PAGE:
"There are a lot of people like me, not getting answers," she said by phone from Indiana. She was unable to make the announcement with her husband Ken. "When you don't feel good, it impacts your activity and your daily living."
Ken Cafferty said he and his wife want their money to raise the public's and doctors' awareness, as well as to fund research into treatments and a cure for celiac disease and other autoimmune disorders. "It's heartbreaking to see someone you love suffer," he said.
Elaine Monarch, the founder and executive director of the Los-Angeles based Celiac Disease Foundation, an information provider, knows first-hand how tough it is to live with the disease, before and after a diagnosis.
Through a biopsy of her small intestine, she discovered she had celiac disease about 30 years ago, when it was considered extremely rare. (Even now, a common blood test only shows if someone has the genes predisposing them to celiac disease; a biopsy is still used to confirm the diagnosis.)
Back then, she said, the disease was so misunderstood, her doctor told her she could eat pasta and bread on the weekends. She now knows she can't tolerate any gluten, even the small amount used as binders in food or medications.
She said 1 percent of the nation's population may have celiac disease, but only a small number of them, maybe 200,000, have been diagnosed with it. She pleased that more people are getting tested and that there are a number of medical centers around the country dedicated to celiac disease research and treatment.
She said living with celiac disease has become somewhat easier because of the increasing availability of gluten-free products at supermarkets. Products made without wheat are now labeled because Fasano's research helped persuade lawmakers to pass a law, Monarch said. The U.S. Food and Drug Administration is working on standards stating when a product with minuscule amounts of gluten can be called gluten-free.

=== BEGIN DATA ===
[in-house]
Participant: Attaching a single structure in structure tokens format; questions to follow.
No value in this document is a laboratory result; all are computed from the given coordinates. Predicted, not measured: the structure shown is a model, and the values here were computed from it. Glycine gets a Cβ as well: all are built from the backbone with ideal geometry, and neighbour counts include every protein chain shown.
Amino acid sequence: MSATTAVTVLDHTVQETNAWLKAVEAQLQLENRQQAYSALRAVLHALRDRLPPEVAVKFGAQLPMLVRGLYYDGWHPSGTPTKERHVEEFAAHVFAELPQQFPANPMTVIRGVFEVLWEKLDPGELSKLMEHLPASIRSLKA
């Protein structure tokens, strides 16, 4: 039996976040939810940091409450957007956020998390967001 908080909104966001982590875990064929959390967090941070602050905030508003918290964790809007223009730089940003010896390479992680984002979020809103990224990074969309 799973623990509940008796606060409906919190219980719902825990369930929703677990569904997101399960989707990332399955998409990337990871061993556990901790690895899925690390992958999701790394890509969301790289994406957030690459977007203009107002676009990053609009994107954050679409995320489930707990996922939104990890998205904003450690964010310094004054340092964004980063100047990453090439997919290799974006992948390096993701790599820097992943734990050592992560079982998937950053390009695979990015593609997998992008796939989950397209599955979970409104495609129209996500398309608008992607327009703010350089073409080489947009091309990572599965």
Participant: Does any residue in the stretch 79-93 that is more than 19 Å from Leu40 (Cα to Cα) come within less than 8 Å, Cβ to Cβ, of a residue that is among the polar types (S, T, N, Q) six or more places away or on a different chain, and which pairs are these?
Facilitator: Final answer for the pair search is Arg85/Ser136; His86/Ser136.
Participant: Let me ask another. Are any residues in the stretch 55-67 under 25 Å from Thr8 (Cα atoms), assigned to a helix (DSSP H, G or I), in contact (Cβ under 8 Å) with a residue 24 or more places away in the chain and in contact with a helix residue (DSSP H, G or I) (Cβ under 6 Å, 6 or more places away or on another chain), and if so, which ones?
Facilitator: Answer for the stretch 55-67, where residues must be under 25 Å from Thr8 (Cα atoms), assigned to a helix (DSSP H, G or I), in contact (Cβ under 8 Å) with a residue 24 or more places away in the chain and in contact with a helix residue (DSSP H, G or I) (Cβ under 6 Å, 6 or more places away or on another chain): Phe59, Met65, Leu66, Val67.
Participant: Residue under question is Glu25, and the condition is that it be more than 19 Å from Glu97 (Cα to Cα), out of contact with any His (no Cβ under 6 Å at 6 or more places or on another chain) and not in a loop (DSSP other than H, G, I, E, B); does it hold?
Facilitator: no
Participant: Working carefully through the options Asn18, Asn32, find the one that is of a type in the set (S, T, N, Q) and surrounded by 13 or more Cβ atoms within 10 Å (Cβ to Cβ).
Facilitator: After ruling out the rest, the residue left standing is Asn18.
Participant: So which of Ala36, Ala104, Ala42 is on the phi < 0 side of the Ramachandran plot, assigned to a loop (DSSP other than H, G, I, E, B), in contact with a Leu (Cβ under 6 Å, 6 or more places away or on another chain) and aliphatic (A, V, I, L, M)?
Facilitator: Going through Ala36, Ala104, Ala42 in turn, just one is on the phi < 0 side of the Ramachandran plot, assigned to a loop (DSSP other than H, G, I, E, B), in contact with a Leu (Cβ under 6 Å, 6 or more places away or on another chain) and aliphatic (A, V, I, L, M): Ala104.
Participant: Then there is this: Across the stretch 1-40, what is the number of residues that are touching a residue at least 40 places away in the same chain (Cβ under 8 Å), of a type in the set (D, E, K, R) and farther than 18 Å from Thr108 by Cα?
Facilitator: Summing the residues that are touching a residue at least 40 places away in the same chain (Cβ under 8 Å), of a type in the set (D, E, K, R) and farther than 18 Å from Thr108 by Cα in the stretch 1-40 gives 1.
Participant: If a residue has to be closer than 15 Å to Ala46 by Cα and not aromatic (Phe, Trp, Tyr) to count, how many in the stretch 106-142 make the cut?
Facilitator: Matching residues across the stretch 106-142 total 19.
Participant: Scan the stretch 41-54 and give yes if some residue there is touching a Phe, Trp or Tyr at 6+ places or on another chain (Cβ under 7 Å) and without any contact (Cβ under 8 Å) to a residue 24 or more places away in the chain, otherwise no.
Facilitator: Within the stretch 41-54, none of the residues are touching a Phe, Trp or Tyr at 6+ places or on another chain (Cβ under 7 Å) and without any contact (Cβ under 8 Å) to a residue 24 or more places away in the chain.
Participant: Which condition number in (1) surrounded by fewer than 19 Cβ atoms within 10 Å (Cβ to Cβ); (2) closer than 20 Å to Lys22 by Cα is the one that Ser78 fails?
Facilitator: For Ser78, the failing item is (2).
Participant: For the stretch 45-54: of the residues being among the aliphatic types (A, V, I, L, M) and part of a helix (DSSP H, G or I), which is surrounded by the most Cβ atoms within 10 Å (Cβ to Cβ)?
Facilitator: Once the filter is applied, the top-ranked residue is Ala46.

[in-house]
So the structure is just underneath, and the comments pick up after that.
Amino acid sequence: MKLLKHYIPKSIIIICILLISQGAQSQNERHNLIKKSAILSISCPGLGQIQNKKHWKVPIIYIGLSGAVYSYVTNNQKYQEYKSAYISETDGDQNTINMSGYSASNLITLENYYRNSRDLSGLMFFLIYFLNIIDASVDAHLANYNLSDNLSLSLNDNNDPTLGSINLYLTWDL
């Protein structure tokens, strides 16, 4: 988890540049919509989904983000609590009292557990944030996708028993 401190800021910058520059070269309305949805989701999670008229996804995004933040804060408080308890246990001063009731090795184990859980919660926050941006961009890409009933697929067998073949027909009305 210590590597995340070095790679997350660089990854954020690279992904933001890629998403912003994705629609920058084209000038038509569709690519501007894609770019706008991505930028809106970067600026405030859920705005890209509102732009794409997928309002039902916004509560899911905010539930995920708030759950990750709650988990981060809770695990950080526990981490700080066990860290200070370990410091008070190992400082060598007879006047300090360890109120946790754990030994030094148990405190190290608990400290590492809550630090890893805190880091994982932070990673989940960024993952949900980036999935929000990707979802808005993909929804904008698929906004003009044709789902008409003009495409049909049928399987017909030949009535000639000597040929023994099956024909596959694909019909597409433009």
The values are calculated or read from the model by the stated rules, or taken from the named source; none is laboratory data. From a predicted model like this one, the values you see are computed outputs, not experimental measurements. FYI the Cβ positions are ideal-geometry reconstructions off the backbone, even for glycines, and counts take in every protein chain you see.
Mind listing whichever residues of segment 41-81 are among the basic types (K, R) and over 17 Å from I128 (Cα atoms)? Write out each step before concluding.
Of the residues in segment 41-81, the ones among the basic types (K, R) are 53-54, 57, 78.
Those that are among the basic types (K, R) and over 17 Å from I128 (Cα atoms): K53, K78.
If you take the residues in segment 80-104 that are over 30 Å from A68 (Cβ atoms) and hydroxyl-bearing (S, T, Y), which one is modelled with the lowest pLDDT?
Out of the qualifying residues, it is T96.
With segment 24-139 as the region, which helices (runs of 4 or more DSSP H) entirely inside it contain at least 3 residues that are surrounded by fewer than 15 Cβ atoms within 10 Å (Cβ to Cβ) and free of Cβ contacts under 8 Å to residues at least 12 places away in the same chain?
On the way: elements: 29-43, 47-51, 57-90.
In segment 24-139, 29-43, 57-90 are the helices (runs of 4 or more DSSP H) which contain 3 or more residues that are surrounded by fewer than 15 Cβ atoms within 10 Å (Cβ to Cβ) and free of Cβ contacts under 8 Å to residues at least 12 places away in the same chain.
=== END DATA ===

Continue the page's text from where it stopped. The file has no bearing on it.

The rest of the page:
The grocery products remain expensive, but costs will likely come down when industry sees more people buying them — something that will happen with increased diagnoses, Monarch said. Already, these products are estimated to produce $1.8 billion in annual sales.
"We have to generate more awareness," she said. "If you have symptoms, go to the doctor and get screened."
Fasano, who is an advisor to the foundation, said he and others will continue research into alternative treatments. Furthest along is a fix for the intestinal defect that allows the autoimmune response associated with celiac disease. Other treatments being explored are enzyme therapy to promote wheat digestion and engineering grains that don't cause a reaction.
Researchers in related fields at Maryland will also work with the expanded celiac center to map out treatments and possibly a vaccine to prevent autoimmune diseases. Celiac disease is the only autoimmune disease for which there is a known trigger, gluten, making it a good model, Fasano said.
There are a number of doctors around the country monitoring the research, including Dr. John Schaffer, a gastroenterologist at the Mayo Clinic in Minneapolis, which also houses a celiac center. The latest treatments being explored are promising, he said.
Still, he agreed, diagnosing the disease remains a problem. He said it's encouraging to see family members of those with the disease recognize they also need to be tested, even if they have no symptoms or have symptoms unrelated to the gut. There may be hidden damage to their intestines.
Schaffer hopes new research will lead to easier means of diagnosis than blood tests and biopsies, and better information on when to test for the disease, which doctors now know can surface in adults and even seniors. And maybe it will lead to easier ways to live with the disease — ones that don't involve so much dutiful label-reading and trips to the dietitian, he said.
"There's a lot we don't know about the disease," he said. "But there's a lot of work going on now."